But some say the legislature shouldn’t rush that discussion, especially since it took years to come up with the current formula known as the Basic Education Program, or BEP.
“It’s OK to hold this and keep working on it if we need to,” said Rep. Scott Cepicky, a Republican from Maury County. “Let’s get this right.”
Lawmakers also aren’t inclined toward a lengthy session during an election year. They’ll look to pass a budget and wrap up by mid-April, if possible, so they can return home to campaign.
Until then, here are five issues to watch:
Since October when Lee called for a review of the state’s funding formula, Education Commissioner Penny Schwinn has spearheaded the process that included eight town halls and dozens of meetings with policymakers and education leaders.
Last week, she called the issue “the biggest policy decision we make” and said Tennessee should seize this “moment in time.” She also hinted a draft proposal will be unveiled early this week.
“There is funding that is potentially available, there is momentum. We see need across the state,” she told a forum hosted by Tennesseans for Quality Early Education.
The review, which aims to shift Tennessee to a more student-centered funding approach, has drawn public praise but generated private concerns about its intent. Many public school advocates worry the goal is to pave the way for a new private school voucher program halted by ongoing litigation, though the governor has denied that.
“I’m trying to keep an open mind and not draw conclusions before getting all the information,” said Sen. Ferrell Haile, a Gallatin Republican who is on Lee’s 12-member review committee to create a new strategy.
Schwinn said any future formula must factor in the needs of individual children. That includes students who have disabilities, are English language learners, or come from low-income families.
Currently, enrollment is the main component of the BEP, a formula with 46 components that determine how much school systems receive to pay for teacher salaries and other needs like textbooks, technology, and bus transportation. But districts have flexibility on how to spend that money, which explains why the BEP is considered a funding formula, not a spending plan.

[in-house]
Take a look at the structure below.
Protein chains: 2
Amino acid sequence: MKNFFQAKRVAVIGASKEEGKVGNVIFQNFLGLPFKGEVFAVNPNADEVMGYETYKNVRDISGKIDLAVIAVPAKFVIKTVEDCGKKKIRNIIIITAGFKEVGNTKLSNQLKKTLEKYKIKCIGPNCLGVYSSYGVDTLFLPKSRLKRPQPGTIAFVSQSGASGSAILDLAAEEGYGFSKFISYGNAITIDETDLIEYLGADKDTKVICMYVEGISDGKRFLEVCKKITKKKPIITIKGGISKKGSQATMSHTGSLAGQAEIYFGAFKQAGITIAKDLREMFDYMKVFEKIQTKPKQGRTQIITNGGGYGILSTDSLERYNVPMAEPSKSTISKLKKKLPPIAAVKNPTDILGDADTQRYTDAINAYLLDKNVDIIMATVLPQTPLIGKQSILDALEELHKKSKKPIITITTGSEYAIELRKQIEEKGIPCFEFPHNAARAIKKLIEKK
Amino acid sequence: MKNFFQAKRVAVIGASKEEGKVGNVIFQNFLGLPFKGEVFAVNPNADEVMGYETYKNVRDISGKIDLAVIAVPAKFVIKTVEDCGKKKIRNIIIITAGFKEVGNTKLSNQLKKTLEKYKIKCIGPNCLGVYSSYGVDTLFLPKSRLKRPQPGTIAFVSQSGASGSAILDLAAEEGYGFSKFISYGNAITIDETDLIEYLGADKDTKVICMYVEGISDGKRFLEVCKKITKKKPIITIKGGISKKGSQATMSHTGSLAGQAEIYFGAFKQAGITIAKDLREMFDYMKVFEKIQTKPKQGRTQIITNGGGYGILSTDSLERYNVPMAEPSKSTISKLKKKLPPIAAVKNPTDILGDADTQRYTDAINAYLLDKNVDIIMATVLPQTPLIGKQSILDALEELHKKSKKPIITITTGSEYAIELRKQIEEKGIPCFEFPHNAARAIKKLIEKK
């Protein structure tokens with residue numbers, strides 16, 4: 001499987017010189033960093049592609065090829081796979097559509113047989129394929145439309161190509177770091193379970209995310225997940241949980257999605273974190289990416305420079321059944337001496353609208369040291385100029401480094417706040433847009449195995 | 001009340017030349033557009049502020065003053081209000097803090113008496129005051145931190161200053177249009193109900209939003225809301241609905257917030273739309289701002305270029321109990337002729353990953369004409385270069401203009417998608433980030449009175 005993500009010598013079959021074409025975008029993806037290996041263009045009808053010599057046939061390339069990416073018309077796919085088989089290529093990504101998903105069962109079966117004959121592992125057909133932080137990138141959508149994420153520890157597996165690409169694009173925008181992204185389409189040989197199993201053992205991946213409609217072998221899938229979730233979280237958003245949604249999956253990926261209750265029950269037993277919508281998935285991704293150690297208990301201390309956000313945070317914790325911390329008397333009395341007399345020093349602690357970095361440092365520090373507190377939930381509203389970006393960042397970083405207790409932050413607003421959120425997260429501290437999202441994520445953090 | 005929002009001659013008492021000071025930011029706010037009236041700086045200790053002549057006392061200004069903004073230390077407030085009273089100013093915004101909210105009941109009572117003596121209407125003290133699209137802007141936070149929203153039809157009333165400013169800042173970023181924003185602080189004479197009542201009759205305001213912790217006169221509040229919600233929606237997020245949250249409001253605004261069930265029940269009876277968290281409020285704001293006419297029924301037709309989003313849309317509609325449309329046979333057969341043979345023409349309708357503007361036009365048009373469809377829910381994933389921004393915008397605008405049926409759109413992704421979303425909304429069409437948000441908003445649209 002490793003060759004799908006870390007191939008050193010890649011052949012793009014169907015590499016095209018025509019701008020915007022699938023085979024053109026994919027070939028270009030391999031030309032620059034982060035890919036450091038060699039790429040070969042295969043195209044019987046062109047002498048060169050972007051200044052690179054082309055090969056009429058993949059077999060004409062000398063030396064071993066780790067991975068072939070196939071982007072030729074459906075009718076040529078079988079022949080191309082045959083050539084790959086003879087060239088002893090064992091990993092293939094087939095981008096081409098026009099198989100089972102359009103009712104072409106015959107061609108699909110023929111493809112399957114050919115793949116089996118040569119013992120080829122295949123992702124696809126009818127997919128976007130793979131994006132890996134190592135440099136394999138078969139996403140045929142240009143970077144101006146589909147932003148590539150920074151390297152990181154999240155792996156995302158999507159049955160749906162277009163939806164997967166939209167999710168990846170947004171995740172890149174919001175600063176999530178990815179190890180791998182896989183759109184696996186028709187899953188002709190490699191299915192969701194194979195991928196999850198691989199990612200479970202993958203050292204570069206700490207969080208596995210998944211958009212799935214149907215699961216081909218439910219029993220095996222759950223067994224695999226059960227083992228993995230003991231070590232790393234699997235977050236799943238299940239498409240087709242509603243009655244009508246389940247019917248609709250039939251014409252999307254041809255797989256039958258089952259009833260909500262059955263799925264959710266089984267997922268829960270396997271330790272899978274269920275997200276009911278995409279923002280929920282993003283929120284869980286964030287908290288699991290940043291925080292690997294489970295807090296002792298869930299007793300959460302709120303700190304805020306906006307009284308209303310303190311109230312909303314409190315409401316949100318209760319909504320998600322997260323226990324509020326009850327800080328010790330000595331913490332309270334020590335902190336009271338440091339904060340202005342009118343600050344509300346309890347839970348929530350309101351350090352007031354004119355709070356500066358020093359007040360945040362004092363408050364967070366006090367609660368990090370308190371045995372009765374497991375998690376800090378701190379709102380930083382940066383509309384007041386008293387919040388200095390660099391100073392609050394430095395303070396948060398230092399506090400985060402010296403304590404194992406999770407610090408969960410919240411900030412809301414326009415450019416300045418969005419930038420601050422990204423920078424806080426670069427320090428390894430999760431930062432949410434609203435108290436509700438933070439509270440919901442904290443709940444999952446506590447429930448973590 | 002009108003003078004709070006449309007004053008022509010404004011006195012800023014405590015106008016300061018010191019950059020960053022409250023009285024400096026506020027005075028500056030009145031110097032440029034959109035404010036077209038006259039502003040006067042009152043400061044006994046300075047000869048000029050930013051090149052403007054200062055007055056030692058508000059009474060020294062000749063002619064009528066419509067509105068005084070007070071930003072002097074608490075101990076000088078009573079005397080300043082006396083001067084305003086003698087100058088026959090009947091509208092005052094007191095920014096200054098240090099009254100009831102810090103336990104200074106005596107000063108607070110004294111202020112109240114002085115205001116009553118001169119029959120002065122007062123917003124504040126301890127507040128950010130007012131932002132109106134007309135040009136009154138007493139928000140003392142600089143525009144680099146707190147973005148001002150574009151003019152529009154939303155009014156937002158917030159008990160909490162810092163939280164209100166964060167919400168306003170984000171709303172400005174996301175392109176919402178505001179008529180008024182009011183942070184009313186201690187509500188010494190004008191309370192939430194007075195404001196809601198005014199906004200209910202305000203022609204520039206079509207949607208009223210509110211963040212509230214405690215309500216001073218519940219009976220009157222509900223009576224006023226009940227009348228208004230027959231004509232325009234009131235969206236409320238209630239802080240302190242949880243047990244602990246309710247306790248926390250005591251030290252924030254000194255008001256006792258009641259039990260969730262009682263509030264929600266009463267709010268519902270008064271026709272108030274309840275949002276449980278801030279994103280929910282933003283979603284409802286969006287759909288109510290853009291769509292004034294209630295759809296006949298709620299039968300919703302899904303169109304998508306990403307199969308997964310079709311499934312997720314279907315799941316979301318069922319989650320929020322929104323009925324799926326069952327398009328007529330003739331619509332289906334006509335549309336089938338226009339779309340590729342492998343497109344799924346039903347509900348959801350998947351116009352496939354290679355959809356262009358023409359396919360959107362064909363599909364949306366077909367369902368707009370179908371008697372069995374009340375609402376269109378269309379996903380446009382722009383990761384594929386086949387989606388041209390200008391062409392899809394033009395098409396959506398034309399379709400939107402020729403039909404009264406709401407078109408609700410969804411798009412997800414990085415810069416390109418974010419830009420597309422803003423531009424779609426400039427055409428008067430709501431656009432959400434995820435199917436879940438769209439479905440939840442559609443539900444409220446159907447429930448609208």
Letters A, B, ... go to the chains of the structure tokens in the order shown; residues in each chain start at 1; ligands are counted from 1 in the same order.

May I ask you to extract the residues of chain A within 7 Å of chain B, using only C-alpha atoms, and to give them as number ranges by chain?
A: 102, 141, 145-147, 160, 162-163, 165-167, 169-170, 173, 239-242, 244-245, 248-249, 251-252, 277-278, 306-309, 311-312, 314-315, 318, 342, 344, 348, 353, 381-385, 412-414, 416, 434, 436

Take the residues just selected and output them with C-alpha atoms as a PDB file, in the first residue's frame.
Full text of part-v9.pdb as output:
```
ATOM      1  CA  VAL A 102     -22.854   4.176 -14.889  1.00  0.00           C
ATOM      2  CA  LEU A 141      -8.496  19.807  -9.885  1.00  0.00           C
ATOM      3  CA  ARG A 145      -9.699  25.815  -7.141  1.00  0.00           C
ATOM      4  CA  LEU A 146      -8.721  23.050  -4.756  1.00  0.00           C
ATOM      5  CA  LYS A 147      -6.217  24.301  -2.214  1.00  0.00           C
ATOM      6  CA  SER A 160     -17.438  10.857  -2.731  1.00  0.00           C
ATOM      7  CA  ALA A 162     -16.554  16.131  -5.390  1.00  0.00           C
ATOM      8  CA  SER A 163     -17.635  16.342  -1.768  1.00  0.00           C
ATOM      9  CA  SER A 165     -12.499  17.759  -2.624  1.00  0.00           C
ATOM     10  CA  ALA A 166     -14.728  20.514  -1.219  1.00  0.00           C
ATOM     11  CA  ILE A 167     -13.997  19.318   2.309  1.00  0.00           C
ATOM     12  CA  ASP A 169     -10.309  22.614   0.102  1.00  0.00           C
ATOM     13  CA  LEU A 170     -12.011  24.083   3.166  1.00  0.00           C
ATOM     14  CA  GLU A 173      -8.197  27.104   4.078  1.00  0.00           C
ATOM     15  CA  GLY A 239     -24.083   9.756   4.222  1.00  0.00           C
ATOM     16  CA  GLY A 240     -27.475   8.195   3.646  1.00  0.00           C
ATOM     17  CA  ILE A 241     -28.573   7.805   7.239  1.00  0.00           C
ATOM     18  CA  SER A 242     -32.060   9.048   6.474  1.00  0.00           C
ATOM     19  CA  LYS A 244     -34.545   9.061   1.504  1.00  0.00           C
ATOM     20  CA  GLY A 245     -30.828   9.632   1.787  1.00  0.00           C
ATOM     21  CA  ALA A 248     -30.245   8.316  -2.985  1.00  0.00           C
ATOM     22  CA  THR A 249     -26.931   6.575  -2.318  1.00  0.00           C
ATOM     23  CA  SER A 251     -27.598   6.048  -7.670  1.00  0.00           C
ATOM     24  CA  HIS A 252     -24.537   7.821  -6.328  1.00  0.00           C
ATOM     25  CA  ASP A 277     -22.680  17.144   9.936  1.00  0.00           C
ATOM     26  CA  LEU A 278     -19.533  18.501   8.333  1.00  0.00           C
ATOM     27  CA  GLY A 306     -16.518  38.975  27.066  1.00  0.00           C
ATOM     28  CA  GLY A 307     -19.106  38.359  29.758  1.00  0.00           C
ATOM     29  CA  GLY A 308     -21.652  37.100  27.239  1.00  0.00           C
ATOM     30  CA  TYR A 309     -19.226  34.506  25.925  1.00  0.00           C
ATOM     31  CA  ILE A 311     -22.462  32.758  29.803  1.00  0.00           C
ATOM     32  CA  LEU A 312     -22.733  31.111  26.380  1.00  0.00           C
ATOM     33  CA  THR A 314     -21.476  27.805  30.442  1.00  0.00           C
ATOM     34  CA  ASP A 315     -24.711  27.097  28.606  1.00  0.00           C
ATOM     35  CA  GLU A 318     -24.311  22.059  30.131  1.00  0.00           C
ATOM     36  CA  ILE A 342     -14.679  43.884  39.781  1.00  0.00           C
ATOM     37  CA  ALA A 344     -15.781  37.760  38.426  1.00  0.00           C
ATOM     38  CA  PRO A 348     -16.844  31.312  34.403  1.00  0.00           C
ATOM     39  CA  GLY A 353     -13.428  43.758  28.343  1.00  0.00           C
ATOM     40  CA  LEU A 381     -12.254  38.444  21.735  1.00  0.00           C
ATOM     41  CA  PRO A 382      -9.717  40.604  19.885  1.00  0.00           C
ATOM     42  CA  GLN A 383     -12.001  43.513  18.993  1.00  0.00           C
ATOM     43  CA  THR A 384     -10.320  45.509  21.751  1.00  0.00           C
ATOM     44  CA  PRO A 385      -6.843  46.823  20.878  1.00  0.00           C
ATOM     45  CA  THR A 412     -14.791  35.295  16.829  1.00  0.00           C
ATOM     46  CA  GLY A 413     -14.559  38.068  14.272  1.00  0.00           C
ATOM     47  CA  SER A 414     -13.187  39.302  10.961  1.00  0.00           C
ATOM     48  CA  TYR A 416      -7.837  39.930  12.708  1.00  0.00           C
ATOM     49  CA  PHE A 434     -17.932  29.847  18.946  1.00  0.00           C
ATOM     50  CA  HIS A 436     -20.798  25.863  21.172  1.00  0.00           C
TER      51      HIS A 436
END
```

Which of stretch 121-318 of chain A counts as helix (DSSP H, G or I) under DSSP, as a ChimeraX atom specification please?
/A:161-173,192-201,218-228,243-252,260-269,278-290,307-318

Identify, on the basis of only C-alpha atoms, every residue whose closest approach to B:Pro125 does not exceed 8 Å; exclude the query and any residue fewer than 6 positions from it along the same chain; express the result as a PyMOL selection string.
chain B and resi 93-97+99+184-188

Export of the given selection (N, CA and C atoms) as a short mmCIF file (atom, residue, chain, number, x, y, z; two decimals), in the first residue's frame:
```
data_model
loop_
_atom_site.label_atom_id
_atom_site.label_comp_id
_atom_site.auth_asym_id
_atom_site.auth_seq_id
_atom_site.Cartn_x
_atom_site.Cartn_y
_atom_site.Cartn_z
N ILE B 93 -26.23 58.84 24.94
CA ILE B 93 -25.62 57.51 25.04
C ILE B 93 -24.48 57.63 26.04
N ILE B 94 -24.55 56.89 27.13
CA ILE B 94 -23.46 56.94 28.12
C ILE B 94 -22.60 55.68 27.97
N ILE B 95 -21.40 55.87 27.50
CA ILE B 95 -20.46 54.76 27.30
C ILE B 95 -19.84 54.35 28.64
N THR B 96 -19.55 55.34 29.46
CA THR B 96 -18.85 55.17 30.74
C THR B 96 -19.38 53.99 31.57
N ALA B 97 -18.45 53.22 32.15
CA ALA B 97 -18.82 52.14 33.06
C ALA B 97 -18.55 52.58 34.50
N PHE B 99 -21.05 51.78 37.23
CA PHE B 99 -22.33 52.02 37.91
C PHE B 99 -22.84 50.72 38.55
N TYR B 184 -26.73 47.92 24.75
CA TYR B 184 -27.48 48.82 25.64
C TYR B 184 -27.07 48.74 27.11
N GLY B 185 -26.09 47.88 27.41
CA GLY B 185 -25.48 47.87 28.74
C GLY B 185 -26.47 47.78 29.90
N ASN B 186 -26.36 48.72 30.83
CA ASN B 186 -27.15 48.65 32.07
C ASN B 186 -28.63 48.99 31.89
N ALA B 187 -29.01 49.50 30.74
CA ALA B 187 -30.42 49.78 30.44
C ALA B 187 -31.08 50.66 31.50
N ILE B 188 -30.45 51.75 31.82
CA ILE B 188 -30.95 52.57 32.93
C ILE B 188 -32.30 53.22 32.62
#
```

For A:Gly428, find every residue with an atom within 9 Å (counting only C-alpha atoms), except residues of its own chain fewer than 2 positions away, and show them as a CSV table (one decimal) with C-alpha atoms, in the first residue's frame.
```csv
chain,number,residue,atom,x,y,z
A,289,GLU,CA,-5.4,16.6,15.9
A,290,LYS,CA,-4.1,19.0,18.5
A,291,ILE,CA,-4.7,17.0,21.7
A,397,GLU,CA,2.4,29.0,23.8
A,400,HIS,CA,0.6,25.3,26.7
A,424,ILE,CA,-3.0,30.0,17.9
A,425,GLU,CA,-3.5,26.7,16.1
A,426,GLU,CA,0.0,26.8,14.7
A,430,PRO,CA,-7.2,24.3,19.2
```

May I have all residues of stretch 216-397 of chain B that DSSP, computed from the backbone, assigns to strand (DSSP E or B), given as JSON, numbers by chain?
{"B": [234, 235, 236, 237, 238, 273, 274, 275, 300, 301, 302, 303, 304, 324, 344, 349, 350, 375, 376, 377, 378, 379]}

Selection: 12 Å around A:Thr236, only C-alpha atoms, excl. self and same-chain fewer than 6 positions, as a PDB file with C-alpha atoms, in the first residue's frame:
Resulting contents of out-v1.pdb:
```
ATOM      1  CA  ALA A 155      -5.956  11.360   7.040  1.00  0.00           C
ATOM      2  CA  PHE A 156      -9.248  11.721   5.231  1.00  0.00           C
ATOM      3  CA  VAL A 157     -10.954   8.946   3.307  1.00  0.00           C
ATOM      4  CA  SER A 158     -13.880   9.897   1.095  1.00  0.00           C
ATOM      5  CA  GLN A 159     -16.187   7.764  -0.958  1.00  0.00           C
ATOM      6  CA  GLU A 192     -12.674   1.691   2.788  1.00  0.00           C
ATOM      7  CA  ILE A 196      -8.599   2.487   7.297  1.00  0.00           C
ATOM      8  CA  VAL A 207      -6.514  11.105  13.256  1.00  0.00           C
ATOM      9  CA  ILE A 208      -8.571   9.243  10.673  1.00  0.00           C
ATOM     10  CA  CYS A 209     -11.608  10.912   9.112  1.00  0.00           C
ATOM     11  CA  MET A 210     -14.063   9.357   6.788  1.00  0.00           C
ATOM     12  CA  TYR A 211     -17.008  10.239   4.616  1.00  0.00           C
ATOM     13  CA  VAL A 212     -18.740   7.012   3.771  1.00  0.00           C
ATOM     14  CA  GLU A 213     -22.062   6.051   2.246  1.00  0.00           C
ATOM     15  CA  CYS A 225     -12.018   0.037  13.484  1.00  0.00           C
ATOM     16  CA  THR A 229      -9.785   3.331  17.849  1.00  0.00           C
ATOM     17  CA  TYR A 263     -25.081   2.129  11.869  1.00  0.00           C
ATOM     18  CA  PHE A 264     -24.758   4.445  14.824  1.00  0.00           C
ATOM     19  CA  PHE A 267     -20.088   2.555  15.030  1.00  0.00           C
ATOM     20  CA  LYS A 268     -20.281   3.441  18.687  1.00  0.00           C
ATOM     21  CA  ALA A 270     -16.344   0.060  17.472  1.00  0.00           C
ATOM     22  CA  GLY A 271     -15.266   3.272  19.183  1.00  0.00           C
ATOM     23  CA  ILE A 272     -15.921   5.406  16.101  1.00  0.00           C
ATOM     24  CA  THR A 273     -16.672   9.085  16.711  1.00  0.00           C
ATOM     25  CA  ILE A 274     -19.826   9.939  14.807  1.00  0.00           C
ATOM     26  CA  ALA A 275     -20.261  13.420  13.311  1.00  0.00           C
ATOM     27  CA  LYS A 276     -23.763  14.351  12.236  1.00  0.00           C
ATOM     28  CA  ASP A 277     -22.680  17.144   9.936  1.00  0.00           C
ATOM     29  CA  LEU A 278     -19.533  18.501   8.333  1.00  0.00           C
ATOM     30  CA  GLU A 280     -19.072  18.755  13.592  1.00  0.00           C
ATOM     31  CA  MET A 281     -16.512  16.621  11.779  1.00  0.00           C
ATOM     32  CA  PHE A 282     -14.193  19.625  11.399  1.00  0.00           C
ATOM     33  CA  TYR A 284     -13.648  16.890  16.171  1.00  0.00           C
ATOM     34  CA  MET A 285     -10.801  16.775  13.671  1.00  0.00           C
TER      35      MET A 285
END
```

“We want to put more money into education, but we want to make sure the money is being spent well,” said Rep. Mark White, a Memphis Republican who chairs a House education committee and supports forging a new formula this year. “Let’s give it our best shot.”
Whether the state revises its funding formula this year or not, the legislature must pass a budget for the fiscal year that begins July 1 — and is flush with cash. Tax collections during the pandemic’s economic rebound were higher than projected. The state also is sitting on hundreds of millions of dollars in federal grants intended to help working low-income families.
Meanwhile, Tennessee ranks 44th in the nation for student funding, according to the Education Law Center, which gave the state Fs last year for its funding level and funding effort.
The state’s BEP review committee, an influential panel of policymakers and education leaders, has urged the governor to prioritize more funding for school nurses and counselors to get Tennessee to nationally recommended ratios. A $110-million annual investment would fund 1 nurse for every 750 students instead of the current 1:3,000, and 1 counselor for every 250 students instead of the current ratios of 1:500 and 1:350 for elementary and secondary schools, respectively.
In addition to perennial discussions about raising teacher pay, there’s talk about expanding Tennessee’s pre-K program, which serves a fifth of the state’s 4-year-olds. Most districts have waiting lists.
During the pandemic, consensus has grown that pre-K and early grades are the best places for impactful interventions to address learning lag and social-emotional challenges.
“It’s a timely topic that is deserving of deep discussions,” Haile said.
A controversial proposal to limit which supplemental materials teachers can use advanced last year in two House panels before stalling in the Senate Education Committee.
Sen. Janice Bowling, a Republican from Tullahoma, promised to bring her bill back for consideration this year and address worries that “good” materials from organizations like the Tennessee Farm Bureau could be excluded.
The bill, co-sponsored by Rep. Terri Lynn Weaver of Lancaster, would prohibit teachers from using materials that supplant state-approved textbooks unless district leaders approve those materials in advance. Any approved print or electronic materials would be listed on district websites.
“We absolutely need to do something,” agreed Sen. Brian Kelsey, a Republican from Germantown, “but we need to do it in a way that doesn’t have unintended consequences.”
The president of the state’s largest teachers organization called the proposal “demoralizing” for teachers and logistically impossible for school districts. For instance, a teacher couldn’t use yesterday’s newspaper in a current events class.
“This is a move toward completely scripted lessons,” said Beth Brown of the Tennessee Education Association, noting that a new Tennessee law already restricts what teachers can discuss in their classes about racism, white privilege, and unconscious bias.
State testing went well last year, with a 95% participation rate despite the pandemic. But lawmakers are still expected to bring several proposals to change when and how tests are administered.
Expect one proposal to require that testing occur during the last 20 days of the school year, instead of the earlier testing window set by the education department.
“That’s going to give our teachers an extra 30 days of instruction time, which is a lot,” said Cepicky.
Other likely legislation would require students in grades 3-8 to continue testing on paper, while local school systems could opt to move students in higher grades to online exams.
This school year, Tennessee high schoolers are taking their exams online under the state’s plan to transition back to computerized testing after several years of technical snafus.
Should teachers be judged on how much their students know — or how much they grow?